It was only a matter of time before the Bush administration contrived to sanction former Treasury Secretary Paul O'Neill for revealing the secrets of the temple.
But no one should take seriously the attempts by the administration to suggest that O'Neill violated the public trust by revealing details of the machinations of Vice President Dick Cheney, White House political czar Karl Rove and the others who run the Bush presidency.
O'Neill, who was always the most outspoken of the Bush acolytes, was fired late in 2002 after he noted that the emperor's tax-cutting schemes had no clothing of legitimacy. A year later, the man who is well-respected in business and economic circles internationally has started talking about what he saw inside the Bush White House. What O'Neill has to say is more disturbing than surprising. Most Americans have thought for some time that the man who wears the label of "president" is not actually in charge, and that is certainly the impression conveyed by O'Neill in "The Price of Loyalty: George W. Bush, the White House, and the Education of Paul O'Neill," a new book by Pulitzer Prize-winning journalist Ron Suskind.
O'Neill discussed his time in the Bush administration at length with Suskind, and provided the journalist with 19,000 documents backing up his statements. Suskind then confirmed the facts with administration insiders and others.
What emerges is the picture of a profoundly disengaged president who led Cabinet meetings "like a blind man in a roomful of deaf people," and whose top aides found themselves devising White House policy on "little more than hunches about what the president might think."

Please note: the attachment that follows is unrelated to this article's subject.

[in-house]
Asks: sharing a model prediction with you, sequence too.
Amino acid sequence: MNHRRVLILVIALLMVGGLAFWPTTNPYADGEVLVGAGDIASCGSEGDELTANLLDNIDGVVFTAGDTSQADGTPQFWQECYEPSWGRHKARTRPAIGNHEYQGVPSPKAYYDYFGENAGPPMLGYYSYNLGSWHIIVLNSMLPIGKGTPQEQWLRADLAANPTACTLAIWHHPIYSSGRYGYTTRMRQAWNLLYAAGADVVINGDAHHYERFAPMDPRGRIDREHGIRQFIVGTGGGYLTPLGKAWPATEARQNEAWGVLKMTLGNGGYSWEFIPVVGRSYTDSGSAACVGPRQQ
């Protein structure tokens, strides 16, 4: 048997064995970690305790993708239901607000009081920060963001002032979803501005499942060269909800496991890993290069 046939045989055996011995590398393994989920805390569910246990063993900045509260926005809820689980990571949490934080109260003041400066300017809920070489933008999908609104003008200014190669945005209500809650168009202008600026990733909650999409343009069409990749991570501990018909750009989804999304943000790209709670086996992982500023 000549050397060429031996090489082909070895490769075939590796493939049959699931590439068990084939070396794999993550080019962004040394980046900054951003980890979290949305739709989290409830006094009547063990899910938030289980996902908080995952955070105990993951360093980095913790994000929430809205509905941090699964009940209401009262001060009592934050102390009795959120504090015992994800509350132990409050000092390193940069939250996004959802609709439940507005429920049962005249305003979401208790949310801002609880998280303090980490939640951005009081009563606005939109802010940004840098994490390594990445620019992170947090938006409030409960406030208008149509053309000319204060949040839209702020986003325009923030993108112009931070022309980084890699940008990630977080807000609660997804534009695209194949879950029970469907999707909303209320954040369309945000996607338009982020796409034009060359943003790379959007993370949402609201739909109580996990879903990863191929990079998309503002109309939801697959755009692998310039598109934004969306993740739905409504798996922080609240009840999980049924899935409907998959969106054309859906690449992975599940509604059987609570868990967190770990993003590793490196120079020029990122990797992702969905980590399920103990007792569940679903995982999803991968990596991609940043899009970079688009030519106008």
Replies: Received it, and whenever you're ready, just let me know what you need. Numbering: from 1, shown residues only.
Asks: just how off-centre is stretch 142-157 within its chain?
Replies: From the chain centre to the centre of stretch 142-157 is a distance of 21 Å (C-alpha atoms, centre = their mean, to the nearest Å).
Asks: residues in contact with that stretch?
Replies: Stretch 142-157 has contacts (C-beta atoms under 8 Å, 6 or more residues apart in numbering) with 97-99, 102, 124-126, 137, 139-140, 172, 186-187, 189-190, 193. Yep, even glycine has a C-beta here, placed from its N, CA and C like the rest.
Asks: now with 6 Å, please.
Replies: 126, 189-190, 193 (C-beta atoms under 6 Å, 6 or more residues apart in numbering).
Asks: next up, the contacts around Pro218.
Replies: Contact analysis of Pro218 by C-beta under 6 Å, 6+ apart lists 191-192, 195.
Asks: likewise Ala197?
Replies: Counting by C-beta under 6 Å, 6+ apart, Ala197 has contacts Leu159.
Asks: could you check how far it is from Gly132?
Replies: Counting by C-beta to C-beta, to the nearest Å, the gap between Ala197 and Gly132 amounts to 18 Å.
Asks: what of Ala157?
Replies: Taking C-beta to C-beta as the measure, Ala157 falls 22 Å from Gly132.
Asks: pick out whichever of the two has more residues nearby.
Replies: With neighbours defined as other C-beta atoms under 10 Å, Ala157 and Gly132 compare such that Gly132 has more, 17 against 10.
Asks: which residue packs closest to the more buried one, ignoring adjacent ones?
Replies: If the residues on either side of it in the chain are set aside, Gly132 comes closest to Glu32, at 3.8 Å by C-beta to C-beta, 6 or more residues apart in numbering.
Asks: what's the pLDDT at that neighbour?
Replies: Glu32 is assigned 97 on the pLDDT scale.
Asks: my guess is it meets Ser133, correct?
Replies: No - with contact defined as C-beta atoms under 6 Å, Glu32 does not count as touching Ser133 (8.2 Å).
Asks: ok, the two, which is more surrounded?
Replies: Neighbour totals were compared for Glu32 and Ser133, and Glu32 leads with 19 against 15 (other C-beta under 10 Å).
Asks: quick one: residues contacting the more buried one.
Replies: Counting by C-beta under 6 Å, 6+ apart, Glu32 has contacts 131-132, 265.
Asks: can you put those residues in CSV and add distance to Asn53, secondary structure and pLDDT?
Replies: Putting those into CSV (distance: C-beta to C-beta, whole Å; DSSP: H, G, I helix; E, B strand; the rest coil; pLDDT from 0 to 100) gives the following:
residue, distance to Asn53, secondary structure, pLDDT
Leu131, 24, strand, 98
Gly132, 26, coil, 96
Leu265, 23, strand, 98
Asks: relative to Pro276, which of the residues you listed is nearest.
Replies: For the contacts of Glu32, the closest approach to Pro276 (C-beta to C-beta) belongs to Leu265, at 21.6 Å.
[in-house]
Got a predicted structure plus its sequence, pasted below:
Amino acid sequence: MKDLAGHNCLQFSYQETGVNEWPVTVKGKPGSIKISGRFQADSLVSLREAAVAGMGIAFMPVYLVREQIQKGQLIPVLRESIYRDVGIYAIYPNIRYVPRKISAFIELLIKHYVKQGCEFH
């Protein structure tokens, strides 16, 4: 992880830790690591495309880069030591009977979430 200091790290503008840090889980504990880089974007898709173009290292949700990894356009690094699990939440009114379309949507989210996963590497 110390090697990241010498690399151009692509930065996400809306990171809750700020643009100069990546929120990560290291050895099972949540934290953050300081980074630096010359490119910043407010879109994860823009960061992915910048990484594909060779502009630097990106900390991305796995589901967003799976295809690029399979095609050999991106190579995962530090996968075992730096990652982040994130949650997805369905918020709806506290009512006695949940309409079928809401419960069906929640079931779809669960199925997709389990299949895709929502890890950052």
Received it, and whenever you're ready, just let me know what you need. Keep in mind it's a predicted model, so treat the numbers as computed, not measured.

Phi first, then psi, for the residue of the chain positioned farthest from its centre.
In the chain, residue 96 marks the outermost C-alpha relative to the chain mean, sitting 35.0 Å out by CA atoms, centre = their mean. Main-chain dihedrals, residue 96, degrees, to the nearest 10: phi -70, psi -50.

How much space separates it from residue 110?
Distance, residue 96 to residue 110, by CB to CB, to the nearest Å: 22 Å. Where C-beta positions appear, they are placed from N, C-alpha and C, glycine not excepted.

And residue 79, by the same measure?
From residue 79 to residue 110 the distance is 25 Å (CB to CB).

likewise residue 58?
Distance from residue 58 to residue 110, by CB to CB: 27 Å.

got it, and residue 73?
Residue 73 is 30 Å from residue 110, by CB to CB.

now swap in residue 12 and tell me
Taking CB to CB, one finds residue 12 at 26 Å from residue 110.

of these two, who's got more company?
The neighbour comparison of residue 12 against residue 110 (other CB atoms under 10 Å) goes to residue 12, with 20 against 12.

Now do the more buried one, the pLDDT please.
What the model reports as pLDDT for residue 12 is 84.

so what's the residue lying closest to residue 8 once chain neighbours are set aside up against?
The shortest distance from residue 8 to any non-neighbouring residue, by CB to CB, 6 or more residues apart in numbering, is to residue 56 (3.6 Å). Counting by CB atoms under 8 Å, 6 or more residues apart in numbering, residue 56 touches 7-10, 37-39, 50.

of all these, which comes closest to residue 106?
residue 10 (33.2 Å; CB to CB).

Ill-informed and lacking in curiosity, the president is portrayed as a man being manipulated by Cheney and Rove - especially on issues of tax policy. O'Neill tells of a Cabinet meeting where Bush actually asked questions about whether additional tax cuts for the rich really were necessary, only to be admonished by Cheney and Rove to stay on message.
Much is being made of O'Neill's observation that the administration began planning a pre-emptive war against Iraq long before the 2001 terrorist attacks. But this is not that big a revelation. The Bush administration's determination to invade Iraq was evident to anyone who bothered to pay attention.
Far more shocking are the revelations regarding the casual manner in which administration insiders dismissed economic common sense. O'Neill makes it painfully clear that the president and his aides had little interest in any economic policy that did not begin - and pretty much end - with a combination of hefty tax cuts for the rich and the relaxation of basic regulations on corporations. O'Neill recognized early on that the administration was forging disastrous policies that would create deep deficits while failing to address fundamental issues.
Now, with deficits rising and job growth stagnant, it's obvious that O'Neill was right. That is, of course, an inconvenient reality as the president prepares to deliver an election-year State of the Union address that undoubtedly will paint a rosy picture of the nation's economic morass.
So Bush aides, and their allies in the media, are battering O'Neill. Officials at the Treasury Department have even asked for a probe into O'Neill's possible misuse of documents that may have been classified. What they have not done is make a credible case that anything O'Neill has said is untrue.
Paul O'Neill took a risk in telling the truth. The Bush administration has a track record of seeking to destroy those who reveal how it really operates.
But this time it is unlikely to work. The American people have a taste for the truth. CNN asked viewers whether O'Neill was right to come forward with his revelations about the inner workings of the administration. Ninety-three percent of those who responded said yes.
Copyright 2003 The Capital Times